This proposes a new suspension design allowing the user to adjust it according to the terrain. Lights are integrated into the handlebars and seatpost. A locking mechanism is located close to one hub.

Attractive: I think it is. Useful: need more info highlighting its uniqueness in these respects.

RSV – Running Sport’s Vehicle Axel Thallemer, Dominik Diensthuber, Martin Danzer, Elke Backlmair, Florian Nimmervoll, Austria

See my remarks in last week’s post.

RSV Running Sport Vehicle

Running Sport's Vehicle

U.L.E.V Ryan Aubrey, Terrance Cong Li, Michael Vranas, Payam Shalchian, Canada

One theme of this year’s offerings is adaptability (or easy interchangeable parts) for variable uses which is evident in the U.L.E.V. The retractable seat allows quick dismounting whilst the baton and shield are located in the front wheel assembly and presumably easily removed. There are specific storage modules supporting key police functions such as for documents and a first aid kit.

Attractive: it’s very ‘official’ looking Useful: it certainly targets its niche very well.



U3 Heath Reed, UK

A long wheel-base, large-wheel folding bike the idea being to provide a greater level of comfort in riding that existing small-diameter wheel folding bikes. It folds up quickly and easily.

Attractive: the Xeno is more of a looker. I guess the U3  folding solution has lead its use function to impinge a lot on its appearance. Useful: large (the lighter the better) wheels in a folding urban bike – definitely!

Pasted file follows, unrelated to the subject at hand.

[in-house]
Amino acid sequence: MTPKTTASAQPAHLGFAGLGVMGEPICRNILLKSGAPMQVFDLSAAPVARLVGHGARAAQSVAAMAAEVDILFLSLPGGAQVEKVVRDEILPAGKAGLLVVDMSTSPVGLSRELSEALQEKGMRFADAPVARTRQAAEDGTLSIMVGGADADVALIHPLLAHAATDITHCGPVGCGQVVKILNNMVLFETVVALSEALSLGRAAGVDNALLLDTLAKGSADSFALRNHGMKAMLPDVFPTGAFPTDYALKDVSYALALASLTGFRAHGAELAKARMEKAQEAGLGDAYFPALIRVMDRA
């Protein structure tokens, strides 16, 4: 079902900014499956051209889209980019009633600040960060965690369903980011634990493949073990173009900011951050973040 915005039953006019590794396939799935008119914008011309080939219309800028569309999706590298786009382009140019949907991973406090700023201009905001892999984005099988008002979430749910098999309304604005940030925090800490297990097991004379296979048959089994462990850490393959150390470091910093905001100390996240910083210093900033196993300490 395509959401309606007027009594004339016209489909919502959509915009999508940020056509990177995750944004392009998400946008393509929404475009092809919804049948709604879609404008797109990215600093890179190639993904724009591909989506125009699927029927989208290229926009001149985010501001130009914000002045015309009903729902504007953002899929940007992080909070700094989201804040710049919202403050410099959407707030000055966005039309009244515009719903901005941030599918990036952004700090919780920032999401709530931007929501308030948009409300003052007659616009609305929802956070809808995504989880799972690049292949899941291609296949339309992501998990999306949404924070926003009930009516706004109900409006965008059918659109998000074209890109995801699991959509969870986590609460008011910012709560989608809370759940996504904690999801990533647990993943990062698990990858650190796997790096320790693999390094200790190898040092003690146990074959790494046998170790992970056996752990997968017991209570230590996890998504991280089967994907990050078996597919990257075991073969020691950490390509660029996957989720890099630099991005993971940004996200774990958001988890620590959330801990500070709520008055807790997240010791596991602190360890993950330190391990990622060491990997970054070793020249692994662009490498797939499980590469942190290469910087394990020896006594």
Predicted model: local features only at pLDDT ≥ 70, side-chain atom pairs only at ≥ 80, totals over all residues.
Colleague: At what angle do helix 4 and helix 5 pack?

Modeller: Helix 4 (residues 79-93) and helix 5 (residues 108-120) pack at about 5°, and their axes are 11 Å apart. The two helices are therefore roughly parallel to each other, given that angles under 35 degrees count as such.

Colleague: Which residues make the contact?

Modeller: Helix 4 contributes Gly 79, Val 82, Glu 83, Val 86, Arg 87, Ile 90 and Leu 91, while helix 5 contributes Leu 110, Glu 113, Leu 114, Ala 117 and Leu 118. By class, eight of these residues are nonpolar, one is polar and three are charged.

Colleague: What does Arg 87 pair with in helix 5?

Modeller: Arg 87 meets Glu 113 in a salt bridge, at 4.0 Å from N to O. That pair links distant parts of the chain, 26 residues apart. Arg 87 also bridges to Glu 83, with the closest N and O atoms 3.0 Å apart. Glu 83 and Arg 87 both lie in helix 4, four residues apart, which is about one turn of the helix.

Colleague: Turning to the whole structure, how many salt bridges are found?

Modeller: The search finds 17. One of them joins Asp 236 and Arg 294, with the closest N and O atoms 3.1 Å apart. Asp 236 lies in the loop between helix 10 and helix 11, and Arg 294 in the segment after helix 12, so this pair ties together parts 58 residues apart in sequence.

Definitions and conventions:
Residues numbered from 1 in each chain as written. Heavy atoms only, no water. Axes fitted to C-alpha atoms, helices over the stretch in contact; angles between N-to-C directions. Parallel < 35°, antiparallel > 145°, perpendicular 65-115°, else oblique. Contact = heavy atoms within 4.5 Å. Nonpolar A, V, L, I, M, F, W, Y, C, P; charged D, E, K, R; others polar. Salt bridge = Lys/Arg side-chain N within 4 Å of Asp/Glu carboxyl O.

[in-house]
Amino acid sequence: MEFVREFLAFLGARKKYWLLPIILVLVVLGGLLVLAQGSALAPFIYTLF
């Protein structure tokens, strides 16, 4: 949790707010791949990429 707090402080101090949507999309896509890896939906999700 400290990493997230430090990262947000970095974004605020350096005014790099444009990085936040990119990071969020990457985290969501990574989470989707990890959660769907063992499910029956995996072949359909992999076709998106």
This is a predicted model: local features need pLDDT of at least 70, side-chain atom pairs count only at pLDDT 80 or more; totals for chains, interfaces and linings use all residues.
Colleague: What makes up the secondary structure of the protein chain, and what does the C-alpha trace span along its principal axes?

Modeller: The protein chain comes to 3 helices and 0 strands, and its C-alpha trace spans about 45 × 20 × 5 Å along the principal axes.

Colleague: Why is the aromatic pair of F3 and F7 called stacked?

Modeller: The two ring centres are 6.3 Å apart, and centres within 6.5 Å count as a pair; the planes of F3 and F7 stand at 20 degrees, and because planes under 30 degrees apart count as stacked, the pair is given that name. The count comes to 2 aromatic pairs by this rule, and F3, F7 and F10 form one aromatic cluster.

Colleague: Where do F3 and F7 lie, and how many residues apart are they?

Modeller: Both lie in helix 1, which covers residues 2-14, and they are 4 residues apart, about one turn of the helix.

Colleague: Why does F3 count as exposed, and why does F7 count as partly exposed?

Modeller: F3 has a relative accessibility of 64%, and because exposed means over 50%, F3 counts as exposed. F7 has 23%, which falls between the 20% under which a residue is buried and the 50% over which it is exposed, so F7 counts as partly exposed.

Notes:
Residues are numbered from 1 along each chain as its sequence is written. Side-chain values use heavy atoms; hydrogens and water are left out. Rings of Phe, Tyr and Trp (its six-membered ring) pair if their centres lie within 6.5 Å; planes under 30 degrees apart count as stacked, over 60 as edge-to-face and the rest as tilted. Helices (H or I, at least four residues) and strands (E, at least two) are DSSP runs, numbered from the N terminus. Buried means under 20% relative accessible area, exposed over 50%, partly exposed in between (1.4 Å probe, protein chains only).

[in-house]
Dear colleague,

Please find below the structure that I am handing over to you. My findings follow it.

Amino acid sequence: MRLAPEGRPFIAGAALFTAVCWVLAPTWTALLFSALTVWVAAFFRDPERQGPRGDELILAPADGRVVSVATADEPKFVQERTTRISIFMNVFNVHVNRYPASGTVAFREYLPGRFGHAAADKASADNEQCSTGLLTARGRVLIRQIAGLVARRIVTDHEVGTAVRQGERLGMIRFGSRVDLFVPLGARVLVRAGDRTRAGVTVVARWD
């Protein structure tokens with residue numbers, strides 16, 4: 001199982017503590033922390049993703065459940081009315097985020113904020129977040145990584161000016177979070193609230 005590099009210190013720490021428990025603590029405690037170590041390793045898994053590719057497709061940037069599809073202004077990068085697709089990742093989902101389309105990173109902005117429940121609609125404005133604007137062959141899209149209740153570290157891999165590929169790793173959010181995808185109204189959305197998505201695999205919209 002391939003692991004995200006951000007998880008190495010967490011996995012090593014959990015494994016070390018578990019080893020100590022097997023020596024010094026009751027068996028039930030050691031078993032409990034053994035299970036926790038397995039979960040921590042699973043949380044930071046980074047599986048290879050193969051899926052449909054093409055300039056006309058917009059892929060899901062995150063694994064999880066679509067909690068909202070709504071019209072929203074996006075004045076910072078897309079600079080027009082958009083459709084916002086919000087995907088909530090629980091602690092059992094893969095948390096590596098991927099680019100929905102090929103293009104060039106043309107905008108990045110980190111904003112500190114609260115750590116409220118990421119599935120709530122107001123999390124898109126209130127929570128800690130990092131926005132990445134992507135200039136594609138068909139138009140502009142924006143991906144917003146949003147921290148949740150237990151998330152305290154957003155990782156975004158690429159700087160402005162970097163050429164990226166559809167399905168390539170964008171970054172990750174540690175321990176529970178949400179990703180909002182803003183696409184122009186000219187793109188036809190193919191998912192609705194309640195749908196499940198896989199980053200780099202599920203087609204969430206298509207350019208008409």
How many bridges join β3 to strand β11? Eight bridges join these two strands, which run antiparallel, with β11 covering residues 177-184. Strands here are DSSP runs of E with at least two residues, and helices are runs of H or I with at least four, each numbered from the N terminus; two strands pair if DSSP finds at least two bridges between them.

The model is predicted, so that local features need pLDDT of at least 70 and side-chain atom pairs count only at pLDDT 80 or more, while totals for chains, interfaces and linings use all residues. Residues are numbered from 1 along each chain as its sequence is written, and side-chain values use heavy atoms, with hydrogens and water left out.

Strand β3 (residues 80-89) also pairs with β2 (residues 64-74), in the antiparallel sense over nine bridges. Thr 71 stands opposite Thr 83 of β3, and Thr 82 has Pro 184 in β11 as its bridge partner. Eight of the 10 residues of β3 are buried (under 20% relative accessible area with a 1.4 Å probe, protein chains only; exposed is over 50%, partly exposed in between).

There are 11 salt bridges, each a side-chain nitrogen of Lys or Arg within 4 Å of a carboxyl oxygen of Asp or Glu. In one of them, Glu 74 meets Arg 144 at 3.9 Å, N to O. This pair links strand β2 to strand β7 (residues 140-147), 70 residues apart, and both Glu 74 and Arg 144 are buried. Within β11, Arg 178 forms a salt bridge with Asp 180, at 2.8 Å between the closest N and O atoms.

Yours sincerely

Movo Roger Sui Yin MAK, HK

A pedelec with a removable power core in the front section. You take this away and lock the rear to your railing or bike rack. This is important since the battery is the most expensive part.

Attractive: it does not look like an electric bike! Useful: the U3’s larger diameter wheels give it an edge perhaps in terms of comfort.

Bihandy Chi-Ku Chen, Chieh-Ming Tsia, Yuan-Liang Yu, Taiwan

The first of several featuring a single-support fork. This transforms into a trolley to attach to another Bihandy (good marketing – you’d need a minimum of two!). The green section is a detachable storage case. Interestingly the information about this suggests it targets the “group that excessively depends on motorcycles for short-distance transportation”, which seems to have Taiwan specifically in mind.

Attractive: needs work Useful: for its target group, yes

Last year’s Bronze Medal winner, Yu-Shu Lin’s (Taiwan) Solar Knight.


Thin(k)er Chia-Lung Lee, Sheng Liu, Taiwan

One I previewed last week. Designed for university campus transport with rotating stem and folding pedals. This makes it easy to slip in between other bikes and parked cars.

Attractive: needs work Useful: limited since I’m not sure the problem it is designed to solve is that much of a problem. But, then, where it is a problem, then this unit may well have a market.

Sorena Mahdi Momeni, Iran

This targets younger people with an adjustable top tube (looks like one or two sizes could fit all?). It is envisaged to handle like an MTB and is foldable. Single support fork and chain stay.